Matthew Breetzke credits Shukri Conrad for positive impact on his mental game.
The SA Emerging side travelled to Sri Lanka in July-August for a two-match unofficial Test series and three-match ODI series but had a difficult tour, writes KHALID MOHIDIN.
The side lost all three ODIs, one Test and drew the other.
The Emerging side faced a similar challenge encountered by the Proteas in Sri Lanka – reading the spin and adapting to the daunting conditions on the subcontinent. The one player who seemed to have benefited from the experience was 19-year-old Warriors opening batsman Breetzke, who had a brilliant tour. He scored runs consistently in both formats, scoring 73 in the first unofficial Test and being the batsman of the series in the ODIs after scoring 41, 97 and 42 in the three unofficial ODIs.
Breetzke showed character in trying conditions, but he never shied away from praising his coach for giving him the support he needed to improve his game.
‘A lot of the guys learned a lot from Shukri this winter. He is really honest and has a good mindset towards the game,’ Breetzke said exclusively to SA Cricket magazine.
‘He’s not too technical, it’s more about the mindset and how and where we are going to score our runs, which is what I really needed. He helped us with dealing with failure and has a lot of knowledge about the game. We found ourselves in situations where a lot of what he told us in Pretoria during the training camp happened in Sri Lanka.
‘He showed a lot of confidence in me and doesn’t worry too much about results but was more concerned about what I learned from the experience. He was more worried about what I was thinking about when I went out.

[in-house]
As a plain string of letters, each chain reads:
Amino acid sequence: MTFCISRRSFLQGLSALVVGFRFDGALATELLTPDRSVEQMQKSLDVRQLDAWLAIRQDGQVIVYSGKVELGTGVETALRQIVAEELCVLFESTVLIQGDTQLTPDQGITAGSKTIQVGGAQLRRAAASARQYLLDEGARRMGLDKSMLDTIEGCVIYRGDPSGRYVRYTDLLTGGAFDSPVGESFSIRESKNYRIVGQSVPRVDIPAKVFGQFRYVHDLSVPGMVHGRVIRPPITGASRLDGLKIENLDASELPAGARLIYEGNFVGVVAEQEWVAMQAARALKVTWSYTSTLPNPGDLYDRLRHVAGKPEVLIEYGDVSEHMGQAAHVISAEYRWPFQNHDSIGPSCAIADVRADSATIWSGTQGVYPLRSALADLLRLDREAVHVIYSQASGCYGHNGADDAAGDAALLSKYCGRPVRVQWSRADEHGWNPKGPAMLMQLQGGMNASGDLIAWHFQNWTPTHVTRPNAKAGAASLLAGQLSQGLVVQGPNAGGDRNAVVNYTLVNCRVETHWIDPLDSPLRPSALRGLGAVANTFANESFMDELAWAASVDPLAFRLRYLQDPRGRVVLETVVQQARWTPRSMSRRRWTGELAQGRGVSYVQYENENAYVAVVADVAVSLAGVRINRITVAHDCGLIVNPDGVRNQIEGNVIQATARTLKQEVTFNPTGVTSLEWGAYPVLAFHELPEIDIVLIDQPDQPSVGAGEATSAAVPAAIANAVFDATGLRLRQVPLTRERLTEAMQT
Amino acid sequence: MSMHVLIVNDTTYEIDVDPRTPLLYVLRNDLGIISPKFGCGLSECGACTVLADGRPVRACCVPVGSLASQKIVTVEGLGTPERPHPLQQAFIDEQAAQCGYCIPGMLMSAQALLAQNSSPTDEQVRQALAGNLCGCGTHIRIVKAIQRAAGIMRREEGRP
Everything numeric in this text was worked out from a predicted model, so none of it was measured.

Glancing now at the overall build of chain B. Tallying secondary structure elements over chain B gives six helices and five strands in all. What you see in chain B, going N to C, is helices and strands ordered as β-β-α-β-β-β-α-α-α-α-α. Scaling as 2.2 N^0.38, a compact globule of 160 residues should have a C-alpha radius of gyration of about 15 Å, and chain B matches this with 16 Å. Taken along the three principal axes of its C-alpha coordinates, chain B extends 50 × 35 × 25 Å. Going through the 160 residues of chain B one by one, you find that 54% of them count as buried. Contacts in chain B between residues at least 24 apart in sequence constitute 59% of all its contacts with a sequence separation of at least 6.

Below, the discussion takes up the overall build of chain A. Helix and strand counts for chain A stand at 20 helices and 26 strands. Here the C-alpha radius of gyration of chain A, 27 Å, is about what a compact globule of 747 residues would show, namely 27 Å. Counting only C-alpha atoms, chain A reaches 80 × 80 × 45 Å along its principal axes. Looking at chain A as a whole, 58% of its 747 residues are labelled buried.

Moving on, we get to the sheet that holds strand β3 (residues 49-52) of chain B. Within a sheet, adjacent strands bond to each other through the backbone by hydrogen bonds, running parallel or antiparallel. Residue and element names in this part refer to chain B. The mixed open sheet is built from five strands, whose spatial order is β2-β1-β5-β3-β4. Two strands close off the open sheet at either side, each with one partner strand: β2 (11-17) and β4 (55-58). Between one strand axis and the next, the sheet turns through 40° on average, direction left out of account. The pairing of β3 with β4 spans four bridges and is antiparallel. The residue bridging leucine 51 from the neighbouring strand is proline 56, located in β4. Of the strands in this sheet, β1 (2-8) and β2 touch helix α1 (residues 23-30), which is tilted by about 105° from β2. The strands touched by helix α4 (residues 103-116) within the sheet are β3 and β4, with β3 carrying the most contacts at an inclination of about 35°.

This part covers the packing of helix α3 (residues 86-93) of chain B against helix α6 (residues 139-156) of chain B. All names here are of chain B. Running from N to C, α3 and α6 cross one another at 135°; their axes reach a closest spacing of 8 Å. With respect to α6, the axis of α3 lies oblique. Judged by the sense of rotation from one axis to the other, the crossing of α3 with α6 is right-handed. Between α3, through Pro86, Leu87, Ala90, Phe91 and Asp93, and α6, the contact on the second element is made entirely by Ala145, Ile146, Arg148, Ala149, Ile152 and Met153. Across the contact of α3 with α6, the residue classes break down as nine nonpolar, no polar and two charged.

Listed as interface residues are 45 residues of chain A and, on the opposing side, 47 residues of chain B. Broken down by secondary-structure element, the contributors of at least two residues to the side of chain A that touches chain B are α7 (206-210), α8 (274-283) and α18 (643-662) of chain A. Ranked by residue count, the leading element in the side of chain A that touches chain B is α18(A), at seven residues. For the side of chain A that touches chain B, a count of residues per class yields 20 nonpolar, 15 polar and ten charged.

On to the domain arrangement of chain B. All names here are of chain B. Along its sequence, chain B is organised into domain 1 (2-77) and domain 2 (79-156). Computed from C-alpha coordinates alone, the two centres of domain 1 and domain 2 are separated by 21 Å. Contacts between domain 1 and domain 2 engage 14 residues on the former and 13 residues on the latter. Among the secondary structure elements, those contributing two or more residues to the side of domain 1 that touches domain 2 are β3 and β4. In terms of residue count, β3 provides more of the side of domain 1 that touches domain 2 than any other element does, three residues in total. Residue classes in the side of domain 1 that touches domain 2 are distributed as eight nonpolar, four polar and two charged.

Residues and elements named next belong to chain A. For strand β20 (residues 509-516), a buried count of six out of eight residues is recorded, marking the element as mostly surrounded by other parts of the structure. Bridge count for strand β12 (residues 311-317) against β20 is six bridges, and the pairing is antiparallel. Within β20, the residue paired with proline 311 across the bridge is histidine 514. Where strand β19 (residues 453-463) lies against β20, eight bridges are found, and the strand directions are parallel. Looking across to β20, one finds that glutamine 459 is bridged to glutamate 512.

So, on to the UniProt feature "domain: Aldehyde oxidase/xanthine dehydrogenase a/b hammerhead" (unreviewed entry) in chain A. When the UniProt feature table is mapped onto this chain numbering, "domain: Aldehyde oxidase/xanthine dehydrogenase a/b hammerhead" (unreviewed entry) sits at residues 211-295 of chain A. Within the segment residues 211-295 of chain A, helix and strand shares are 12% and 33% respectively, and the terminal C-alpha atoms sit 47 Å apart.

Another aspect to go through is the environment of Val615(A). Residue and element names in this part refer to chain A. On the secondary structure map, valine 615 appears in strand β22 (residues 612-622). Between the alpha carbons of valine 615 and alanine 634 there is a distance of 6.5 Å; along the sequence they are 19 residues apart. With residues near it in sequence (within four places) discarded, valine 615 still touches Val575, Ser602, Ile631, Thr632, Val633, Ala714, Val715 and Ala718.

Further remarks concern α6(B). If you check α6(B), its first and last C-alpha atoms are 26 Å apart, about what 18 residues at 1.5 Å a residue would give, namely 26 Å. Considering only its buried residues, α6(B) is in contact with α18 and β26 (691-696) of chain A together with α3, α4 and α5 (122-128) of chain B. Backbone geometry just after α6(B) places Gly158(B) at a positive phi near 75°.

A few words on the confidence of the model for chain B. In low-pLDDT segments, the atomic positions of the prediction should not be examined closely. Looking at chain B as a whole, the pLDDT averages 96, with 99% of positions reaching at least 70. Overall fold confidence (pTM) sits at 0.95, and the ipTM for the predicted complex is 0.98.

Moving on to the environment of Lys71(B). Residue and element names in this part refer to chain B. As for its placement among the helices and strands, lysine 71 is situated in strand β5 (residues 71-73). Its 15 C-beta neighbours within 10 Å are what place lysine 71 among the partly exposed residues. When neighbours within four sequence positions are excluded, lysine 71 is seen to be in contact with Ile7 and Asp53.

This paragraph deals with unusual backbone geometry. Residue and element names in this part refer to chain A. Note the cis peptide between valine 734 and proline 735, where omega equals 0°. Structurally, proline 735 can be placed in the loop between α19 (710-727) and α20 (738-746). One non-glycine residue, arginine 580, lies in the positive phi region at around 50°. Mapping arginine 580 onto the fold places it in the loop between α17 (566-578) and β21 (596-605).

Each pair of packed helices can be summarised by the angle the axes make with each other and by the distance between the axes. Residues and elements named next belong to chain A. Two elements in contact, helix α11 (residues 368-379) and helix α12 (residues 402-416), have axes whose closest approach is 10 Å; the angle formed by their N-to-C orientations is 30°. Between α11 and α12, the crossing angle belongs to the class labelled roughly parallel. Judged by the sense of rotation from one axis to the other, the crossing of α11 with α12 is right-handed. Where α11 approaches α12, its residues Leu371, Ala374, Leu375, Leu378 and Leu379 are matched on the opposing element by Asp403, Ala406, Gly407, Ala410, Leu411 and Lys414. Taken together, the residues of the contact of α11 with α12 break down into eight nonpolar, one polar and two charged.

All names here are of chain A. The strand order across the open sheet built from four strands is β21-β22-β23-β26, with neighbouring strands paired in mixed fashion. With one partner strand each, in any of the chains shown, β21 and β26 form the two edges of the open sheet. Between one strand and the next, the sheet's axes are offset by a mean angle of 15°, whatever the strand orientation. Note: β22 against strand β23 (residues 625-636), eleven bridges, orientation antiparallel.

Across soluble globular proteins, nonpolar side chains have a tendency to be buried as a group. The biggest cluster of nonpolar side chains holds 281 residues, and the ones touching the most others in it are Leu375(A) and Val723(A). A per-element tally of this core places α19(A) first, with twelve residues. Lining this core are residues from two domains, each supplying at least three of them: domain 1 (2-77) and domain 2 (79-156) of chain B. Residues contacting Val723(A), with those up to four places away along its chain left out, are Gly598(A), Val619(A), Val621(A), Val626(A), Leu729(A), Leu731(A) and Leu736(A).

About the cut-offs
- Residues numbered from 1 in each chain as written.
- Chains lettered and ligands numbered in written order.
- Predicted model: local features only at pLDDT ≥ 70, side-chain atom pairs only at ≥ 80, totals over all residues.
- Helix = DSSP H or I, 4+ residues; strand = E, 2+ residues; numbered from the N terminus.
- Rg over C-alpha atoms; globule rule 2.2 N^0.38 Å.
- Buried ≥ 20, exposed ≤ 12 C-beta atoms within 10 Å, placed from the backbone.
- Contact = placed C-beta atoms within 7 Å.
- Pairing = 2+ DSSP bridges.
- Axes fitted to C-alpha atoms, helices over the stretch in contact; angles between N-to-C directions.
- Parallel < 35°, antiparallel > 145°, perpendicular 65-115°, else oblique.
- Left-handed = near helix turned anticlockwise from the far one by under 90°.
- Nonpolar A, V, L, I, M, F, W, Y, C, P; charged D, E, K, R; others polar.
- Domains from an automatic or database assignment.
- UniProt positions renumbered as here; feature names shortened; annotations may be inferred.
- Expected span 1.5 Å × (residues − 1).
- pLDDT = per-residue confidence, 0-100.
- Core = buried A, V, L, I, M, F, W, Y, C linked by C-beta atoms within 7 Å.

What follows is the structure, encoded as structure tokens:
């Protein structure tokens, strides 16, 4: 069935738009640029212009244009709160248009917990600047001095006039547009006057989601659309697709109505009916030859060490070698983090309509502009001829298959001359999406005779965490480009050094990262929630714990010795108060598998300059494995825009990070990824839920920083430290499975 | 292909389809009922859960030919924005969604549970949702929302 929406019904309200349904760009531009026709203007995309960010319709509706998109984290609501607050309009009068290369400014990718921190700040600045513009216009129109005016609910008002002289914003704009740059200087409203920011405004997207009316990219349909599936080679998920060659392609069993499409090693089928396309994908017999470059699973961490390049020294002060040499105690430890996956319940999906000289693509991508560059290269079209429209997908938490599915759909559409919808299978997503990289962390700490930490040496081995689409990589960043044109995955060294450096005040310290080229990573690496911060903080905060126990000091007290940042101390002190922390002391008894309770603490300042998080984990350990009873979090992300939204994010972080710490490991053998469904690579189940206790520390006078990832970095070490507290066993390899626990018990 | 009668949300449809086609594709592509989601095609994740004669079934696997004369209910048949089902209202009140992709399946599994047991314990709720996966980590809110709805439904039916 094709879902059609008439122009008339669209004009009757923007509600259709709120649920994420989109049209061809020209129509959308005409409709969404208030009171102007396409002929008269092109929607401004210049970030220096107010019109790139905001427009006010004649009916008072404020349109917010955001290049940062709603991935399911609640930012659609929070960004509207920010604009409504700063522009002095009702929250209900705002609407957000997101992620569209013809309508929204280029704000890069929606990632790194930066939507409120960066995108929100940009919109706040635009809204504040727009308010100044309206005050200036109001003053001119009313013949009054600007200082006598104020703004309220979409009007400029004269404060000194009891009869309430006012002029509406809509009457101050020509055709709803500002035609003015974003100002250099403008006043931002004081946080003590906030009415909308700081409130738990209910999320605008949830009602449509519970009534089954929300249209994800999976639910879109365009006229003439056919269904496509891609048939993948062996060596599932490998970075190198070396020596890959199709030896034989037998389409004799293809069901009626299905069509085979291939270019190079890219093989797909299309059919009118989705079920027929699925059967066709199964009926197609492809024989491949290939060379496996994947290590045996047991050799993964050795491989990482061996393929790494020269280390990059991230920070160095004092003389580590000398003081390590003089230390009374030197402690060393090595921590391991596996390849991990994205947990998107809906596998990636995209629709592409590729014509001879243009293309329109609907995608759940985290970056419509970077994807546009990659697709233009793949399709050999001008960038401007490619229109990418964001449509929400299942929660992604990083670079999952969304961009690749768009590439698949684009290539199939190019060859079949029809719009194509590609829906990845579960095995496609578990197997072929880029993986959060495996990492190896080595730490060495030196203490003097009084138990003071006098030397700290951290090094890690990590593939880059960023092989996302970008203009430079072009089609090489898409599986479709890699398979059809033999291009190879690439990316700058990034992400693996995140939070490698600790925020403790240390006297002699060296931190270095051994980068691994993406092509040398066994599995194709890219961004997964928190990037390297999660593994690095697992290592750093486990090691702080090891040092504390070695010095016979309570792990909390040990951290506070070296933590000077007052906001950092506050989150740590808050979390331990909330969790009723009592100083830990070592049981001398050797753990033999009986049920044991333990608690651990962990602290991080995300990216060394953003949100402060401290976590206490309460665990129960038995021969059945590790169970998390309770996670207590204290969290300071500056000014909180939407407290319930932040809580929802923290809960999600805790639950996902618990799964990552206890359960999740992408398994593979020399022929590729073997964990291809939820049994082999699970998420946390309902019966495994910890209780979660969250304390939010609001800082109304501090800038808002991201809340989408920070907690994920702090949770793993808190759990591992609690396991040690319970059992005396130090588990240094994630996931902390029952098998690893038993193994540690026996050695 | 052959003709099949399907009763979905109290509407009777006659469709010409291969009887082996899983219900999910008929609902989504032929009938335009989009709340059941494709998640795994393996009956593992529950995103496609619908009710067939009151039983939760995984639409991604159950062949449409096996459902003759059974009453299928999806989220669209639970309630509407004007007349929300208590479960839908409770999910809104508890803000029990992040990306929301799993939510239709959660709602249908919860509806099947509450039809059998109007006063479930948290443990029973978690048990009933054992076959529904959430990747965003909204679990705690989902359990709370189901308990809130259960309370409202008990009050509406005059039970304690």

‘Cricket is a results game but you can’t only think about the results because you have to focus on the present before you can get to the desired result.’
Similarly to the Proteas, the Emerging players struggled against spin, with 31-year-old spinner Malinda Pushpakumara taking 12 wickets in the ‘Tests’ as the players new to the subcontinent conditions were put under the cosh.
‘Out of the whole team, I think only two had played before on the subcontinent, so a lot of us were not used to it, but we did try our best to prepare in the winter to play spin,’ Breetzke said. ‘What we learned was that it’s hard to come in and start to bat. If you get yourself in you have to carry on.
‘If you look at the Tests and the ODIs, we lost a lot of wickets in clusters, because when you come in, they make things very hard for you by placing men around the bat. We discovered that it’s not the one that turns that gets you out, it’s the one that goes straight on that poses the greatest threat.’
Breetzke realised that he had to adapt his game to survive the trial by spin and, from a learning point of view, it was a massive success.
‘My mindset was to be possessive but also to bat through the innings. Usually, in South Africa, I try to go quite hard and strike at over 100, but in Sri Lanka, it was tough because I usually found myself batting when there were a lot of wickets falling around me,’ he added.
‘I had to bat through and anchor the innings, which was an unusual way for me to bat, but I feel it grew my game quite a lot. Batting right through in that second ODI gave me a lot of confidence in that I can work the ball and rotate the strike.
‘It was a very good learning experience and I added a whole new dimension to my game. I knew it was always there but I never had the chance to do it. I was always the one to try go hard up front and get the game moving.’
Photo: Hagen Hopkins-IDI/IDI via Getty Images